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Nebraska’s Governor Blasts Medical Cannabis With His Antiquated Views

September 21, 2020 10:40 am ET Estimated Read Time: 4 Minutes
Nebraska’s Governor Blasts Medical Cannabis With His Antiquated Views

Note: Veriheal does not support or endorse any political candidate or their policies. We merely report on the facts as they are presented and their implications in regards to cannabis.

Though the country has been slow to embrace the benefits offered by cannabis, in recent years we have seen an acceleration in the acceptance of the substance’s legality. Some form of medical cannabis is currently legal in 39 of the 50 states, and in the District of Columbia as well. Politicians have also begun to recognize the benefits of medical cannabis and to voice their support for its legalization and use. Though recreational cannabis isn’t yet legal in Pennsylvania, the state’s Governor Tom Wolf has voiced his support for legalization, citing the benefits it would have for Pennsylvania’s economy. And Governor Wolf is far from alone. Governor Ralph Northam of Virginia recently pushed for and succeeded in passing decriminalization in his state—a significant move, as Virginia is one of the few states where medical cannabis is not fully legal (only CBD oil has been legalized). And in Kansas, where cannabis in all forms remains fully illegal, Governor Laura Kelly has advocated for change, arguing for the need for legalization of medical cannabis in her state. These three forward-thinking governors, along with many others, have seen the potential cannabis offers and are doing their part to move their states forward in the best interest of their citizens. But not every governor in the United States can be said to be acting as wisely. Take Nebraska’s governor for instance. 

Nebraska’s Governor Weighs In

Governor Pete Ricketts (R) has his own views about medical cannabis, and he hasn’t been shy about sharing them.

“There is no such thing as medical marijuana,” Ricketts posited during a press conference held in Lincoln. “This is not something that would be prescribed by a doctor. It’s not going to be distributed through a pharmacy. These are dispensaries that would be in your communities.”

He also believes that the legalization of medical cannabis would carry with it unpleasant repercussions. He asserts that in places where medical cannabis has been legalized, people increasingly come to work high, resulting in accidents in the workplace.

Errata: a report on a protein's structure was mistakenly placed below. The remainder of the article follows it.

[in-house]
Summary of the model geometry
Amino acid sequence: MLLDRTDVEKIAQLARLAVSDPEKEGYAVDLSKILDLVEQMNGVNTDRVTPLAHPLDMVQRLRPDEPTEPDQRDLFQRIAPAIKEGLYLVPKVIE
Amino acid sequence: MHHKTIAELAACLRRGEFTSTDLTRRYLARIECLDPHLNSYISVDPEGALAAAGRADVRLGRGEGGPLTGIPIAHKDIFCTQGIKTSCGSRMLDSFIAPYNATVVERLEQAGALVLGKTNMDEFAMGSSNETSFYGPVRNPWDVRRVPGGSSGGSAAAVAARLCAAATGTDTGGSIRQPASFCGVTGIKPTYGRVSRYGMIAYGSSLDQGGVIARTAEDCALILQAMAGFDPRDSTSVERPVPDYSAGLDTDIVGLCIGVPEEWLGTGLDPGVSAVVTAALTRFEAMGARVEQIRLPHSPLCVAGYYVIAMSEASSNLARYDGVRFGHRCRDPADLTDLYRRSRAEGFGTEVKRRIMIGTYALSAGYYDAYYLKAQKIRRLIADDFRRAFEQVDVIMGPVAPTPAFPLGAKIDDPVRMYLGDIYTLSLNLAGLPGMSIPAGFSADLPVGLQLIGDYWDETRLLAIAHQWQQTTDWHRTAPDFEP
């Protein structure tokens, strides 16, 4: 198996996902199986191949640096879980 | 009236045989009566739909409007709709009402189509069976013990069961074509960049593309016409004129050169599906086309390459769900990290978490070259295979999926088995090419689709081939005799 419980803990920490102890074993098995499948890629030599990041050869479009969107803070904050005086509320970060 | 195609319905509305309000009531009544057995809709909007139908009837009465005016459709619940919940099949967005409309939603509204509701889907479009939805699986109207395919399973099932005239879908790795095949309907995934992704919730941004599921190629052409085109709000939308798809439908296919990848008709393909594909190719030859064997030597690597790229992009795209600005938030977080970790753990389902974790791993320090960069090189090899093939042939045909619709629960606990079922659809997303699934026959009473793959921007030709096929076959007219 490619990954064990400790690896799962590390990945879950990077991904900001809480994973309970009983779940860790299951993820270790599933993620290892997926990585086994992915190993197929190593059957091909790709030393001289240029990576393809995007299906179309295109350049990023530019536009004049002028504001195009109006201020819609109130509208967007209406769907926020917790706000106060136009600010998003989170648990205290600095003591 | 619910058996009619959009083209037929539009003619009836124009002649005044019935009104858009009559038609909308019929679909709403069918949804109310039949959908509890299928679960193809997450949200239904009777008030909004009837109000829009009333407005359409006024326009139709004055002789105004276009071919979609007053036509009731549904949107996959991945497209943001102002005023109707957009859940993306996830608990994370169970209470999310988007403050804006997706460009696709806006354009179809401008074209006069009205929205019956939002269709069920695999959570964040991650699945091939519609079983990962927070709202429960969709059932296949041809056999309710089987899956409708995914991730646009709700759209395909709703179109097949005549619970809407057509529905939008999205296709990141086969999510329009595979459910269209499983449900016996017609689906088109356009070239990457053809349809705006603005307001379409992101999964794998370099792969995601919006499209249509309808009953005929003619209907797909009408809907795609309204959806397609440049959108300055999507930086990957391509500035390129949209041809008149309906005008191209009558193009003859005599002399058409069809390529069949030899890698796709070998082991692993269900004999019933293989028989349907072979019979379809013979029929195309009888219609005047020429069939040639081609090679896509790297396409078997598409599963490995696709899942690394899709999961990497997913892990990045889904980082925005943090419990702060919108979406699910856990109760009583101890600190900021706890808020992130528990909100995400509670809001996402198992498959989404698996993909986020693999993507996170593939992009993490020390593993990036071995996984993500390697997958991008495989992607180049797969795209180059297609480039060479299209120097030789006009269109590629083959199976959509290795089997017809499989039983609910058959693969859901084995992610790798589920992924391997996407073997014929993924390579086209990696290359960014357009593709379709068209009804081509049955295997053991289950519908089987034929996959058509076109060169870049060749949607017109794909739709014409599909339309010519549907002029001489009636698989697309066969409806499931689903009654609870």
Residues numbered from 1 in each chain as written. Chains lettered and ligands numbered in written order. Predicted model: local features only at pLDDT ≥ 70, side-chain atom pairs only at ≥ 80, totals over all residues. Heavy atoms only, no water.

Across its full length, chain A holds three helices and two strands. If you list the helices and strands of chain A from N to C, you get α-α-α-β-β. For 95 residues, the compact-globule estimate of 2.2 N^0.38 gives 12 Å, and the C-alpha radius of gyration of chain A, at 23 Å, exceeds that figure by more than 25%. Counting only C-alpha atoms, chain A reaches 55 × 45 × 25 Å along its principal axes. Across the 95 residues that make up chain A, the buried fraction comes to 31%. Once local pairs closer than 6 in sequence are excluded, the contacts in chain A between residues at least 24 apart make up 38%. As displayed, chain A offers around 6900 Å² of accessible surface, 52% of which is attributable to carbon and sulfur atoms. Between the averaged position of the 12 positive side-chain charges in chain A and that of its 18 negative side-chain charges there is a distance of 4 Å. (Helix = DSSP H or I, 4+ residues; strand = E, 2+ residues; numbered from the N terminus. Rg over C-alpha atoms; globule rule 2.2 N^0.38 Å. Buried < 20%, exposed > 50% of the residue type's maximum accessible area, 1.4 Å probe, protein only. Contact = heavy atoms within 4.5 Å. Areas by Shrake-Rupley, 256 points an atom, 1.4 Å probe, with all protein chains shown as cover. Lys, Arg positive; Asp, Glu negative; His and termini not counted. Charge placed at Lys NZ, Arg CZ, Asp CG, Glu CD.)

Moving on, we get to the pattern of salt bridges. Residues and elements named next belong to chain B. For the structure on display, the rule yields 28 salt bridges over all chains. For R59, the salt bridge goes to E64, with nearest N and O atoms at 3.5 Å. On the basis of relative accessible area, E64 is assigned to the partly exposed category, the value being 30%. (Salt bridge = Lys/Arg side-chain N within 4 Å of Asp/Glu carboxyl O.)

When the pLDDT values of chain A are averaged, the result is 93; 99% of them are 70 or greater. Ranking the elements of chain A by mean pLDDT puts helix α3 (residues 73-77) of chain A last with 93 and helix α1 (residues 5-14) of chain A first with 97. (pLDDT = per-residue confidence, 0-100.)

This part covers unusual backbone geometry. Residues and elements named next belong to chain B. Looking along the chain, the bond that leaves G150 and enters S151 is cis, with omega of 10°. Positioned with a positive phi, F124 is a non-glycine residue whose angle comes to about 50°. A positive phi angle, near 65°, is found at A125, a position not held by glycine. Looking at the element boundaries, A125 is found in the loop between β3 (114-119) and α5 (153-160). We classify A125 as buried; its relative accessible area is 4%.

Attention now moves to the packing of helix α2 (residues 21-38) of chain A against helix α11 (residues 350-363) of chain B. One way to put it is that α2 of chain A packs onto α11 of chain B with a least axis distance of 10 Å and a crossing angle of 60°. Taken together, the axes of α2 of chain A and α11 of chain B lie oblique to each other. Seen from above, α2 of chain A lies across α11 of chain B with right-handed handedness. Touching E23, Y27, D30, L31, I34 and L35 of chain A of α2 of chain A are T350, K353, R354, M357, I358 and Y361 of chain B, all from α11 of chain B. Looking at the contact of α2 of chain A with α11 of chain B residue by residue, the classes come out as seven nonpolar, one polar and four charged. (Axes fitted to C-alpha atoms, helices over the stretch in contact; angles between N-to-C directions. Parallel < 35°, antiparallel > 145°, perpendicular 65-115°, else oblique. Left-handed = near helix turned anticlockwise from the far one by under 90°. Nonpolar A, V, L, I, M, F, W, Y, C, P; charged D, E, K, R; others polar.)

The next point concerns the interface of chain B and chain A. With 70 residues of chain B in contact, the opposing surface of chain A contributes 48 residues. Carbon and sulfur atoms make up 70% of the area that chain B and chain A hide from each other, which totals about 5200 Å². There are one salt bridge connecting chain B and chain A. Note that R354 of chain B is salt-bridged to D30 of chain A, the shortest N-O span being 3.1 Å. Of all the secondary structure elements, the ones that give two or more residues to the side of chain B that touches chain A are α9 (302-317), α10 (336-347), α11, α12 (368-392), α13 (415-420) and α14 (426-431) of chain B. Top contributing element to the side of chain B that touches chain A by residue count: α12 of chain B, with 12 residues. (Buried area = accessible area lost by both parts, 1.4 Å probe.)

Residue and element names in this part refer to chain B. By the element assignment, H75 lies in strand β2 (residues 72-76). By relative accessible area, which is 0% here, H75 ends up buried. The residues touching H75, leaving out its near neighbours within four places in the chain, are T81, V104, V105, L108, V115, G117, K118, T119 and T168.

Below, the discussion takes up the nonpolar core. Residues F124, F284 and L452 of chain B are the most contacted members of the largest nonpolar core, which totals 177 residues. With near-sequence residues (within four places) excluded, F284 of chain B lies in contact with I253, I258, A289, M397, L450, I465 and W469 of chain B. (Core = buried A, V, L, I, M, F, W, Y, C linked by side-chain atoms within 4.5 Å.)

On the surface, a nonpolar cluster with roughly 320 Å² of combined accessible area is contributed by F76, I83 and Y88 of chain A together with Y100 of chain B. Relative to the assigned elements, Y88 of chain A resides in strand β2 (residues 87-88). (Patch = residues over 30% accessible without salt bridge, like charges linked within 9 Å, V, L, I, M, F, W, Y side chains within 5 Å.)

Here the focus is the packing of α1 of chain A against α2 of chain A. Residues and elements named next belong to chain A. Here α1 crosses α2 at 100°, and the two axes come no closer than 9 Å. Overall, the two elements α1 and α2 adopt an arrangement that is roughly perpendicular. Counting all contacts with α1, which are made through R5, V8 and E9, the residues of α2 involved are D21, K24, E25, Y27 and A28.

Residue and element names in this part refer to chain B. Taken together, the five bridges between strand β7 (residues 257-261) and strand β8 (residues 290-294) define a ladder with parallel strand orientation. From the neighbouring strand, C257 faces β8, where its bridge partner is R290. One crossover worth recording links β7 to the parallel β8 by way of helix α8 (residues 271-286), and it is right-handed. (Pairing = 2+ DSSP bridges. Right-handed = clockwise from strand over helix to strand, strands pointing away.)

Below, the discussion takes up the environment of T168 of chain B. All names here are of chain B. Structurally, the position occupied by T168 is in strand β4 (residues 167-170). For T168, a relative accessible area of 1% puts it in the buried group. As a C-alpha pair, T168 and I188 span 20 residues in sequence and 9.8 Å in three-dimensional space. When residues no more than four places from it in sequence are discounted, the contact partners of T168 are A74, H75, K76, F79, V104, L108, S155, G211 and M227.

Is Governor Ricketts Right?

Of course, this is a strange view, since the reason for the circuitous method by which cannabis patients must attain the substance has to do with the law itself, and not with any inherent properties of cannabis. Currently, in the US, cannabis is classified as a Schedule I substance, meaning that it is not recognized to have any medicinal value. But that classification is widely recognized as erroneous and out of date, and politicians on both sides of the aisle, as well as the World Health Organization (WHO), have expressed interest in reclassifying it.

In the meantime, doctors, many of whom do support the use of medical cannabis, have found the workaround of recommending rather than prescribing the substance, something they are legally permitted to do. With a doctor’s recommendation, a patient may obtain a medical cannabis card and may then visit a local medical dispensary—in essence, a cannabis pharmacy.

Splitting hairs over how medical cannabis is dispensed to patients is not the only way in which Governor Ricketts is wrong. He’s also mistaken to suggest that legalizing medical cannabis leads to workplace accidents. In fact, a 2018 study showed a significant decrease in fatal workplace injuries in states where medical cannabis had been legalized.

For the sake of Nebraskans whose lives stand to be improved by the use of medical cannabis, we hope that Governor Ricketts sees reason. In the meantime, Nebraska’s Supreme Court is voting on the issue of whether or not the question of medical cannabis legalization should be put before the voters. We wish Nebraska good luck in its journey toward legalization.

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Nat says:

September 26, 2020 at 9:54 am

Nebraska…enough said